He was the apple of her eye, but what caused this mother's 12-year-old son to take his life?

CAYCE, SC (WIS) - Kris Huntley says her son Kyler Alan Lucas was the apple of her eye.

"He was a very loving, very compassionate little boy," she said. "He loved being outdoors and anything he could pick up and build or make something out of he did. That was his whole life, he was always like that."

Growing up, whenever Kyler had a conflict with someone at school, Huntley said he was never afraid to speak his mind. But her son, 12, committed suicide in December.

"It wasn't unusual for him to come home at times and say this happened or that happened but it was never anything serious," Huntley said. "Usually, just personality conflicts at best."

Upon coming home from school, his mom said Kyler ate well, socialized with friends and family, and wanted to go places and try new things.

"He wasn't pulling away from anybody or anything," she said. "He wasn't locking himself in his room or distancing himself. He still laughed and watched movies and had family time with us."

MORE: One Midlands school counselor says 'educating ignorance' is key to preventing bullying with kids

Huntley said she and her ex-husband were very in touch with their children's lives at school, frequently visiting with teachers and trying to stay on top of all the activities they took part in.

But on Dec. 29, 2017, when her three children were spending time at their dad's house during winter break, Huntley said she received a hysterical call from her daughter.

"She called me very, very upset and crying so much that I couldn't understand her," she recalls. "She calmed down and said 'mommy, mommy come quick Kyler shot himself.' Of course in the moments after you're in complete shock. 'Wait, what? Tell me again what happened,'" she said.

Huntley said she drove over to her ex-husband's house, which is only about 10 minutes away.

"I called my daughter back on my way over and asked her if I could talk to her older brother, who is 16," she said. "He told me Kyler shot himself in the head and my head just exploded. The first thing on my mind is whether it was a graze, if he was okay or if he was talking."

When she arrived at the house, she found her two other children in the front yard along with her ex-husband. The family was not allowed inside the house as paramedics were caring for Kyler.

Sadly, it was too late. Kyler died and his death was ruled a suicide.

"No mother wants to imagine her child in the kind of pain that results in making that kind of decision out of such desperation," she said. "You never want them to be in a place like that."

Huntley said Kyler left a note, providing specific instructions for his parents to follow after his death.

"He knew exactly what he wanted," she said. "He apologized and said he was sorry for disappointing but he had done this because of bullying at school and he said he wanted us to be happy and didn't want us to cry and never forget him."

Not knowing how long the bullying went on, who was involved or its extent keeps Huntley up at night. However, she said she finds the strength to get up each day thanks to her other children.

"They need me," she said. "My husband needs me. So I take the time I need for me to break down or to have my time and my children see me cry, I don't hide it."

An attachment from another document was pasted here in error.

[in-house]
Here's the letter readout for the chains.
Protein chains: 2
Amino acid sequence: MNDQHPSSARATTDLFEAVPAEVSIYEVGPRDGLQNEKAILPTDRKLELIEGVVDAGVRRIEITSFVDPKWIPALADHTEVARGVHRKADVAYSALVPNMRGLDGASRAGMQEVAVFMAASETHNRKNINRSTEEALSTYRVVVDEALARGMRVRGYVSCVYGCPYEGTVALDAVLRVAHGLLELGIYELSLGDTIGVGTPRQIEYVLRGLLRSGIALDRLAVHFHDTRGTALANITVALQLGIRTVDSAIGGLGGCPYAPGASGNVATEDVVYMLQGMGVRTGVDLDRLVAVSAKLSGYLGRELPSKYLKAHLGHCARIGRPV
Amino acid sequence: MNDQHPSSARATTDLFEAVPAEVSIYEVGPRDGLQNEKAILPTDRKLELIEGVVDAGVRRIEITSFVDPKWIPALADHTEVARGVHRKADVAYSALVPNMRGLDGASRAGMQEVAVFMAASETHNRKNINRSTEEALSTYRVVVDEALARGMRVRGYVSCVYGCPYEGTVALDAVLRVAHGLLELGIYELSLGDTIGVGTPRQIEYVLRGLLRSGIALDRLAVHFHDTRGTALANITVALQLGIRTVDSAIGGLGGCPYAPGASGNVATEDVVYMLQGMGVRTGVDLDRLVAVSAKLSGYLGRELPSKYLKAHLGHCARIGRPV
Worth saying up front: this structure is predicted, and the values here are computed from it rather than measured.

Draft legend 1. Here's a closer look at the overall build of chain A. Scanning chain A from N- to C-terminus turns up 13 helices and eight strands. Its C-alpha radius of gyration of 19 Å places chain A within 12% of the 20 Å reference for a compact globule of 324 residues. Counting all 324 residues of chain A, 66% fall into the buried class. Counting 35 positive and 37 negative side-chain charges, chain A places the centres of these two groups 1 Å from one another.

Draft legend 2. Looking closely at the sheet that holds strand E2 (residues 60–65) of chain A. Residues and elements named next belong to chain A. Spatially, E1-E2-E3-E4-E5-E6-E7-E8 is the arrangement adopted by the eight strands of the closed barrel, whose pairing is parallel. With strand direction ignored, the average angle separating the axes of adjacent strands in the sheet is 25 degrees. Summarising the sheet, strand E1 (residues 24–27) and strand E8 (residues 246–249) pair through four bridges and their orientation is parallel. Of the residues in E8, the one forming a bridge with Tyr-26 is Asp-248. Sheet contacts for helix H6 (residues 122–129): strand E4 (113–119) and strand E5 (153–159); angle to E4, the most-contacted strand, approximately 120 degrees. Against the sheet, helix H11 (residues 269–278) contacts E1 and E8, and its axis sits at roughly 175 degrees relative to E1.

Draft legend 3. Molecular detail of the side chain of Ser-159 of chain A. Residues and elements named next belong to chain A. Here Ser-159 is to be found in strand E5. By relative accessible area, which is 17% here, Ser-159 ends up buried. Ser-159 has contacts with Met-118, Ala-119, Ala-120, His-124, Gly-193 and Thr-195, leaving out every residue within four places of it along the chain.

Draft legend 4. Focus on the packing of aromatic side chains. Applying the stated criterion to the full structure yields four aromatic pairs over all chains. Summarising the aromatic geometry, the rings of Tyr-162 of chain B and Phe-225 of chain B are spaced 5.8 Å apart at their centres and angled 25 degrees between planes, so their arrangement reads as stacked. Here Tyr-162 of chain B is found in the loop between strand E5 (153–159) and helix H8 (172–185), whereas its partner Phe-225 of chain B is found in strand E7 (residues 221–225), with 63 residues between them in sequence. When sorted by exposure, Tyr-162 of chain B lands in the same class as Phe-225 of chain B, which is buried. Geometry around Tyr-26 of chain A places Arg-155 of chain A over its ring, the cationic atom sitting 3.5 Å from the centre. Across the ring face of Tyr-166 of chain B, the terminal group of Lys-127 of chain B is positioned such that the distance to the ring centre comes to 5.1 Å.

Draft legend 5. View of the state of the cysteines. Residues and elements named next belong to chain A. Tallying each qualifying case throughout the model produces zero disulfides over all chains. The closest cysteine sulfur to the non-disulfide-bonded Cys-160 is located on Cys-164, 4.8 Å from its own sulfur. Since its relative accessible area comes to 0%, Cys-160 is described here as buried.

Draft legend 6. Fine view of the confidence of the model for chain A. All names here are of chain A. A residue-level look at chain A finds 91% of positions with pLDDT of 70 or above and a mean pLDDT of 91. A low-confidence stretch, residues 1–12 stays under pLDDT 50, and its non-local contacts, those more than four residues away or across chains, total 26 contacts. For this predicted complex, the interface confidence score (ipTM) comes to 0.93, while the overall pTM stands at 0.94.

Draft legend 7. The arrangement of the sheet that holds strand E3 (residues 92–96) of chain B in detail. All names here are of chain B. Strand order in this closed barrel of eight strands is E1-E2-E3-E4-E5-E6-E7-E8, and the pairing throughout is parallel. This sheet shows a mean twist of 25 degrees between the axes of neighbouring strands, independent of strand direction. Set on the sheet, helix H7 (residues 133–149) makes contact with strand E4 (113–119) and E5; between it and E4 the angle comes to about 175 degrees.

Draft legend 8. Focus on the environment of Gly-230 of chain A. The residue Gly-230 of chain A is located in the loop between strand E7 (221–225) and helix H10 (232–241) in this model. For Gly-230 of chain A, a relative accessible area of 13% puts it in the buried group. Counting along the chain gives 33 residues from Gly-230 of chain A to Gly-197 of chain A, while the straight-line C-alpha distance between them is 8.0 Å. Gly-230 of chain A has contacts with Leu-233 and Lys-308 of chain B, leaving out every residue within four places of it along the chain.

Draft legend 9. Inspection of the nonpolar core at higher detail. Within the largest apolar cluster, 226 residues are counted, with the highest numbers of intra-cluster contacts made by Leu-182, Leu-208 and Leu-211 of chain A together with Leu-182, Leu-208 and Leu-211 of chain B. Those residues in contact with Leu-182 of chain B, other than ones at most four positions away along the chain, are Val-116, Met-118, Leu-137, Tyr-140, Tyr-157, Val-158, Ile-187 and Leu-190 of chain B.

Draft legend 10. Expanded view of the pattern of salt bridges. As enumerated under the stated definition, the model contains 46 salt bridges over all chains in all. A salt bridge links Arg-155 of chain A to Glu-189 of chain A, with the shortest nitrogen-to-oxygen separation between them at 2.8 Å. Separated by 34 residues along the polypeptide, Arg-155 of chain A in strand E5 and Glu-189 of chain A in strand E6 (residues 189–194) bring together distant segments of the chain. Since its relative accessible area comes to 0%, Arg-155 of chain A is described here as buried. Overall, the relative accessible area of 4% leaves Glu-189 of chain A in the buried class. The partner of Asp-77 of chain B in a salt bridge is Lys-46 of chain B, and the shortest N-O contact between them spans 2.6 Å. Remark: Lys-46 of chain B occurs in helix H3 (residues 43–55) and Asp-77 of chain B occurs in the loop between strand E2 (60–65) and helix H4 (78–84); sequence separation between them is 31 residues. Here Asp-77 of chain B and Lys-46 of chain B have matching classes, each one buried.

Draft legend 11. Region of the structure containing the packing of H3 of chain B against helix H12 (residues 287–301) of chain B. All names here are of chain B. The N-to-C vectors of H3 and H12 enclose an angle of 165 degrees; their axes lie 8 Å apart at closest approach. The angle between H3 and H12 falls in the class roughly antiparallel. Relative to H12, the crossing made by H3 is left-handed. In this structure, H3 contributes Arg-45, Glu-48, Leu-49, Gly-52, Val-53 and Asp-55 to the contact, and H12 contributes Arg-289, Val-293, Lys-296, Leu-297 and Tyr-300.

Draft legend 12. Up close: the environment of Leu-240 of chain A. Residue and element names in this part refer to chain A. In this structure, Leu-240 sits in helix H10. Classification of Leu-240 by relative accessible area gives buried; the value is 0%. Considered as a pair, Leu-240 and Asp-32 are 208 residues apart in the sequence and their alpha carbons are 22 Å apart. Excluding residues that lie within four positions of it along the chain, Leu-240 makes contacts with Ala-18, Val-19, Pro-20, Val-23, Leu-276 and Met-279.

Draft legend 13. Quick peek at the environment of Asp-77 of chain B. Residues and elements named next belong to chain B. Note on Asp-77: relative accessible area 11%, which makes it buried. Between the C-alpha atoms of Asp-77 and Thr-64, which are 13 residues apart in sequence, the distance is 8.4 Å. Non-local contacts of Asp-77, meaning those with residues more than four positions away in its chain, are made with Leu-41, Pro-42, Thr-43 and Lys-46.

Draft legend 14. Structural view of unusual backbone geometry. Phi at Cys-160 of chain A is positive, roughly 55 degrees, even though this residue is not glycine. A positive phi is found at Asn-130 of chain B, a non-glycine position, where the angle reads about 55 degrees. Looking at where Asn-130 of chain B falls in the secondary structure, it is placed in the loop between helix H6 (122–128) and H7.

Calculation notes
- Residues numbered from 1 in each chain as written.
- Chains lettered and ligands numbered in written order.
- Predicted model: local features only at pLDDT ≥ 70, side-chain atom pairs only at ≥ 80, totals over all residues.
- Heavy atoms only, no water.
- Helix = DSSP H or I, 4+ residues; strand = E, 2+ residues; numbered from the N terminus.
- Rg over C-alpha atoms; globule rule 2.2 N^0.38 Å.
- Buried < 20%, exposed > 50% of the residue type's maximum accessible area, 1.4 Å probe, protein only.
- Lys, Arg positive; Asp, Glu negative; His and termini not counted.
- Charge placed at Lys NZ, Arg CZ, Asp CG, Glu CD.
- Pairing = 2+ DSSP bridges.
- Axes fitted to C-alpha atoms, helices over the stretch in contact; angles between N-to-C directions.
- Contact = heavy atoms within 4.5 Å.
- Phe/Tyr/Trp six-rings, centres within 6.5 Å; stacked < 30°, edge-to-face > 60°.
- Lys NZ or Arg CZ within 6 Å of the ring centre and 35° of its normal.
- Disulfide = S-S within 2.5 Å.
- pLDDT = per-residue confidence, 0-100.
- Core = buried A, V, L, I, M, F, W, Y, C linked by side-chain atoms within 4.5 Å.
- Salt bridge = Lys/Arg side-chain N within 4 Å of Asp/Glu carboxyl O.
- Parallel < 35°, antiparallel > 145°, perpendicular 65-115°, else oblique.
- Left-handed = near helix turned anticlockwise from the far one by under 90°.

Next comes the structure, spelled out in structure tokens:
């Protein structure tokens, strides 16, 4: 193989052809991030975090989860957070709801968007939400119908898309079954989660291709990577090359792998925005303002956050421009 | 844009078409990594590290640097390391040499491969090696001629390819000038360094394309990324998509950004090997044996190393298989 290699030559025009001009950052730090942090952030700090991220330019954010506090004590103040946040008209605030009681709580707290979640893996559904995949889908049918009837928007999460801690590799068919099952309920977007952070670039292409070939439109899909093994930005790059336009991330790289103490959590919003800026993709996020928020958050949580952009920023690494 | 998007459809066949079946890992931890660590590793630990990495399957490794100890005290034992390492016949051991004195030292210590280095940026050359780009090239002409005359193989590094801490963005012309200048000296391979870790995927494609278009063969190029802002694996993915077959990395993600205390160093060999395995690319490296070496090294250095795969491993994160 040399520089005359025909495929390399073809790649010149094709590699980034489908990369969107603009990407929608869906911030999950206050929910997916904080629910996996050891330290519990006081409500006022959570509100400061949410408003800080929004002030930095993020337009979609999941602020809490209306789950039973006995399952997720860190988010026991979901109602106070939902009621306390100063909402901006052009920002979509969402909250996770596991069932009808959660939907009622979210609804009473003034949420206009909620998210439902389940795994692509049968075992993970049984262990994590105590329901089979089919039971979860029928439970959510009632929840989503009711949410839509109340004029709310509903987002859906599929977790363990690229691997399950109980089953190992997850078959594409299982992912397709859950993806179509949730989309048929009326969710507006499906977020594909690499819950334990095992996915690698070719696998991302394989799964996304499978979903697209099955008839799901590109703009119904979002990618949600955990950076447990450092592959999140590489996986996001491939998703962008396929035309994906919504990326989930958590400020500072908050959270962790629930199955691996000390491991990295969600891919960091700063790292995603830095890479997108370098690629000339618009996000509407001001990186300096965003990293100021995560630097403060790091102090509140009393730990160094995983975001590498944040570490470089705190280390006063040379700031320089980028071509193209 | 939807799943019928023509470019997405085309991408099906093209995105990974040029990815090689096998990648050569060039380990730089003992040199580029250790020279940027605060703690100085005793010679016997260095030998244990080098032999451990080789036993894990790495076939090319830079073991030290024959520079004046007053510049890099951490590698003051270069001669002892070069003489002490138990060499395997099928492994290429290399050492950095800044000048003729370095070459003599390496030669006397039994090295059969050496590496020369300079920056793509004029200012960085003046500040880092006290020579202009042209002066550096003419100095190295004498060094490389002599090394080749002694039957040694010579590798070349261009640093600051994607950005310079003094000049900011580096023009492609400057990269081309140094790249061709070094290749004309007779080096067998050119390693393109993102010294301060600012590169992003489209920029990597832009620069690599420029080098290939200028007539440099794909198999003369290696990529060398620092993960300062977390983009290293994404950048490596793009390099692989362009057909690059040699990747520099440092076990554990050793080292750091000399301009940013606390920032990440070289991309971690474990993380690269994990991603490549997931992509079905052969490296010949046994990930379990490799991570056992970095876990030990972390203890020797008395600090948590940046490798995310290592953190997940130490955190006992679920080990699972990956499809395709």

Following Kyler's death, his family continues to grieve. But Huntley said they find comfort in taking part in anti-bullying efforts around Columbia.

"Kyler's dad went to a 'Stop Bullying' meeting at a local dojo where he was able to share our story," she said. "All any parent wants to do is protect their child and it's hard to protect them from something you can't always see."

Additionally, his family is planning several anti-bullying benefits in Kyler's name for this spring. As for other parents, Huntley and her ex-husband encourage them to dive deeper into their children's lives and ask questions that force kids to think.

"We get so stuck in our daily routines and we sometimes forget to take those moments and make sure we're actually fostering a bond with our children," she said. "Do that so they feel they can trust us and talk to us and not just that they can, but that they want to. Ask them detailed questions about their day and dig into their bookbags and their lives a little bit more and look for things that they may not want to tell you."

While the "what-if" game can be an evil one, Huntley said she can't help but wonder what more she could have done to ensure Kyler would be with her today.

"Maybe I could have asked more questions, inserted myself more often and maybe that would have resulted in something coming to light that I didn't know before," she said. "We love to wish and hope that there's anything we could have done differently, that would have changed the outcome."

Even after his death, Huntley said teachers, administrators and the school's school resource officer said they saw no indication Kyler was suffering.

"We'd ask him every day when he got home, hey how was your day?" she said. "It was always, 'good, it was fine, or it was okay.' We never pushed past that."

Districts in South Carolina are able to report bullying and cyberbullying into a state system called PowerSchool. The incidents are self-reported by districts and doing so is voluntary.

According to data from the South Carolina Department of Education, Lexington School District 1, where Kyler was a student, reported 132 instances of bullying beginning during the 2013 school year and ending in 2016.

If you or someone you know is battling depression and contemplating suicide, there are a number of resources you can use to help. Call the National Suicide Prevention Lifeline at 1-800-273-8255 - a 24-hour, 7 day-a-week hotline where people are there to help you and listen. All calls are anonymous.

Copyright 2018 WIS. All rights reserved.